Here, he gets in front of the puck being directed at his net and prevents any second chance opportunities, and instead of just chipping it off the glass and out, he cuts away from the forechecking forward to find a better option on the breakout:
The same proactive nature that makes him an effective defender began to translate to his offensive game with more consistency this past season. He will activate into the rush to create odd-man advantages for his team, skate himself into open space in the offensive zone, and keeps his feet moving to make himself available for return feeds after he draws attention and dishes the puck.
Watch how he basically leads the rush on this regroup, taking the lane available to him in the middle of the neutral zone to facilitate the clean zone entry and ensuing scoring chance:
Niemelä is active in the offensive zone as well, employing intelligent routes and spacing off of the puck. In the clip below, he makes a nice short-area pass to keep the puck in at the line, and when he realizes his check has overcommitted at the point, he jumps into the vacated space in the high slot before making a slick deke and pass that eventually leads to a goal for his club.
His decision-making is refined for such a young player and he does a great job of picking his spots to push for offense. He rarely takes himself out of the play but he isn’t conservative by any means, either. Watch this play where he recognizes he has a step on his man as he is making the breakout pass and sprints up ice to create an odd-man rush before taking the pass in the slot and burying it:
Niemelä doesn’t need to be up in the rush to score, however, and he is a legitimate threat from the point. He has a quick release on his wrister and gets it through to the net with consistency, and he has a bomb of a slapshot from the point:
You will often hear people in hockey talk about players being able to layer their skills on top of one another in order to maximize their potential, and that is what Niemelä started to do with regularity in 2021-22. He continued to show off his defensive instincts but was more efficient in how he would drive offense off of puck retrievals or opposing turnovers, putting his vision to work with the puck on his stick.
This past season was a huge step forward for Niemelä but there is still room for improvement in a lot of areas. The first thing is his obvious lack of size and strength – he is just under 6’0″ tall and needs to fill out his frame in order to handle the rigors of North American pro hockey. The smaller ice surface will also present a challenge for him when he makes the jump, as he will be forced to make quicker decisions and won’t have as much room to navigate around opposing forecheckers.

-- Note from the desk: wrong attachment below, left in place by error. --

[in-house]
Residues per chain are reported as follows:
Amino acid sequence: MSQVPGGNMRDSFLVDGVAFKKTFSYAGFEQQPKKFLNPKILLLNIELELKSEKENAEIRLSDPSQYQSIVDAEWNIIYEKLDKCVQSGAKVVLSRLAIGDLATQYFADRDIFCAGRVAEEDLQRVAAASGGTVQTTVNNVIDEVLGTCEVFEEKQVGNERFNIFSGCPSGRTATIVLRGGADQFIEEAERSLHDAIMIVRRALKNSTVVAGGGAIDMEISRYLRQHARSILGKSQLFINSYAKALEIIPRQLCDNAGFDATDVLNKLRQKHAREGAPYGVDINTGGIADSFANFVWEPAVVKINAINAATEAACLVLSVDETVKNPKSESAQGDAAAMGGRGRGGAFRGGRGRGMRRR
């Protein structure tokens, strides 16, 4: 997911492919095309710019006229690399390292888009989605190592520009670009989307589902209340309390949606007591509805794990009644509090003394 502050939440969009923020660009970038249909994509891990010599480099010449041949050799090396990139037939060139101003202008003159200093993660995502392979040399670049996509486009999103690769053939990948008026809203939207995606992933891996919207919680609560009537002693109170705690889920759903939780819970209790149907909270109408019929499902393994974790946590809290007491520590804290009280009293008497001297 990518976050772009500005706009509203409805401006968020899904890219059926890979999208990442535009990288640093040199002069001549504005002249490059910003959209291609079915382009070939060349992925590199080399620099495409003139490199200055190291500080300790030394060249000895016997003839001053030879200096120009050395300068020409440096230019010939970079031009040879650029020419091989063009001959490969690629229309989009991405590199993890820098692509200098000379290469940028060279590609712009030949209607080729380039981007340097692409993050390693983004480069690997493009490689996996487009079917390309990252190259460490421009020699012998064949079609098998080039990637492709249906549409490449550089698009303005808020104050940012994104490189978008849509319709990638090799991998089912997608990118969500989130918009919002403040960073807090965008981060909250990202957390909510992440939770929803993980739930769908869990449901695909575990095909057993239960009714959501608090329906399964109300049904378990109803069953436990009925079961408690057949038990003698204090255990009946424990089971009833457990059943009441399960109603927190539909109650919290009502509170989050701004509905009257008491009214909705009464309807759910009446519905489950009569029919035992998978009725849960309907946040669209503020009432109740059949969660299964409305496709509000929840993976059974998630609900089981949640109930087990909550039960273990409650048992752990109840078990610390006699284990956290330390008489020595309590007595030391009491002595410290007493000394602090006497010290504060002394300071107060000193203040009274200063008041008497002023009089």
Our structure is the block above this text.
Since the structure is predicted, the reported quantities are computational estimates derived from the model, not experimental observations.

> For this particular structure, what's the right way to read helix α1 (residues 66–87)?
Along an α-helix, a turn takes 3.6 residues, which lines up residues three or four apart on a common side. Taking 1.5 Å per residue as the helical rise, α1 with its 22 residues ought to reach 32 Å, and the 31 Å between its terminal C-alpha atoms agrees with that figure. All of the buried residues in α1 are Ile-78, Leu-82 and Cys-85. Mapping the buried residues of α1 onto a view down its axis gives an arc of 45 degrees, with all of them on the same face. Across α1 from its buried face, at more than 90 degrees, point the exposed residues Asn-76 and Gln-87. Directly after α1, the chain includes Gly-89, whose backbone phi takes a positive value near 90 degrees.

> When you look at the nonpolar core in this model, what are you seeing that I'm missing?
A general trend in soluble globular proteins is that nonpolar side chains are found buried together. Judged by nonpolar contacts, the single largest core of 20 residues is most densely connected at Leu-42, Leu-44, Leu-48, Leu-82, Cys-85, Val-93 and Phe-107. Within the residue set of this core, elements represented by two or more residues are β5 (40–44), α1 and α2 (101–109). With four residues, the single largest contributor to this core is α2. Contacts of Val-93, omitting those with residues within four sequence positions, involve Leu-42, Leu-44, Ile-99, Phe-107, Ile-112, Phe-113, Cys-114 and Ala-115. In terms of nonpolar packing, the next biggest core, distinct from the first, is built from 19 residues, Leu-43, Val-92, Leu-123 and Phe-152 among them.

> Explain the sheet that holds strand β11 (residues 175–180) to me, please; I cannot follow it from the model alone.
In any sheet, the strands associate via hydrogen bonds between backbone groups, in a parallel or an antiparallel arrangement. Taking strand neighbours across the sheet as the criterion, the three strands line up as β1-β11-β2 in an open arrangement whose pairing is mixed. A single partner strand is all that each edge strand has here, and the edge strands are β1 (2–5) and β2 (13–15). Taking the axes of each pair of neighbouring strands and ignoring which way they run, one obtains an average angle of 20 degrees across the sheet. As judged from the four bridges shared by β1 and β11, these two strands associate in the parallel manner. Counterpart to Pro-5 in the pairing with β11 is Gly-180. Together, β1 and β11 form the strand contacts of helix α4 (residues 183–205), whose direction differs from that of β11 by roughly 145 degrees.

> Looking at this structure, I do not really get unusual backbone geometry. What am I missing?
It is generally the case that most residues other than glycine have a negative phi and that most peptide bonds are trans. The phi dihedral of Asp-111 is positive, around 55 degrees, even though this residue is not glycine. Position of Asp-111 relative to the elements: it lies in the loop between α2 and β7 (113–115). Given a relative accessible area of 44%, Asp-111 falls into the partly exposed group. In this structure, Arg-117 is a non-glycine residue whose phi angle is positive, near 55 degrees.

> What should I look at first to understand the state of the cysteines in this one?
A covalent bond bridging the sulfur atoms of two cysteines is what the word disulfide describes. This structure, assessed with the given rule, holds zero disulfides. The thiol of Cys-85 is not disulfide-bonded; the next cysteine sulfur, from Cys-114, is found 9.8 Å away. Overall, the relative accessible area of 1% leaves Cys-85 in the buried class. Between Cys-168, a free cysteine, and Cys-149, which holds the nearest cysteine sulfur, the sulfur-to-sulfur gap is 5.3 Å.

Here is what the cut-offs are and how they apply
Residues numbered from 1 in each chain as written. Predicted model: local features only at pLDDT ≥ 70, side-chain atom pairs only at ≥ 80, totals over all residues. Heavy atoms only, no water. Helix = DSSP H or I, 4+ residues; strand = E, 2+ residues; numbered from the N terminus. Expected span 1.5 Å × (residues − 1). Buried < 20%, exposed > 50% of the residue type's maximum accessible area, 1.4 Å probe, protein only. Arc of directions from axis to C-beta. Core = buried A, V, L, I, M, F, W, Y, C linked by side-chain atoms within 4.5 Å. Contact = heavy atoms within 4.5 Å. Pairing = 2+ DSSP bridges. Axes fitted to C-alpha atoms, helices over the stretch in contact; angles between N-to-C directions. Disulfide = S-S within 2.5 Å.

Added strength may also help to make Niemelä into a more explosive skater. He is agile and elusive, able to stick with oncoming attackers or dodge opposing forecheckers, but he doesn’t have that top gear to create separation or recover on the rare occasions when the play gets behind him.
Niemelä signed his entry level contract with the Leafs in the spring, but he isn’t expected to begin his North American career just yet. Unless he makes the Leafs out of training camp, which is a long shot at best, he will be loaned back to Kärpät for another season. Already a prominent figure there, he should only see his role and responsibilities increase in what will be his third full season in Liiga.
The Leafs don’t appear to have a whole lot coming through the defensive pipeline behind Sandin and Liljegren but Niemelä has comparable potential to both of those players. His game is well-rounded enough, and he has enough hockey IQ that he should be able to at least handle bottom pairing duty in the future, but he also has plenty of upside to grow into a top-four NHL defender down the road.
Coming in at #3 on TLN’s 2022 Leafs Prospect Rankings, Niemelä fills the void in the prospect pool left by Sandin and Liljegren. With the consistent progress he has shown over the last couple of seasons, chances are he will get to join them on the Leafs’ blue line one day.
(Statistics from EliteProspects.com)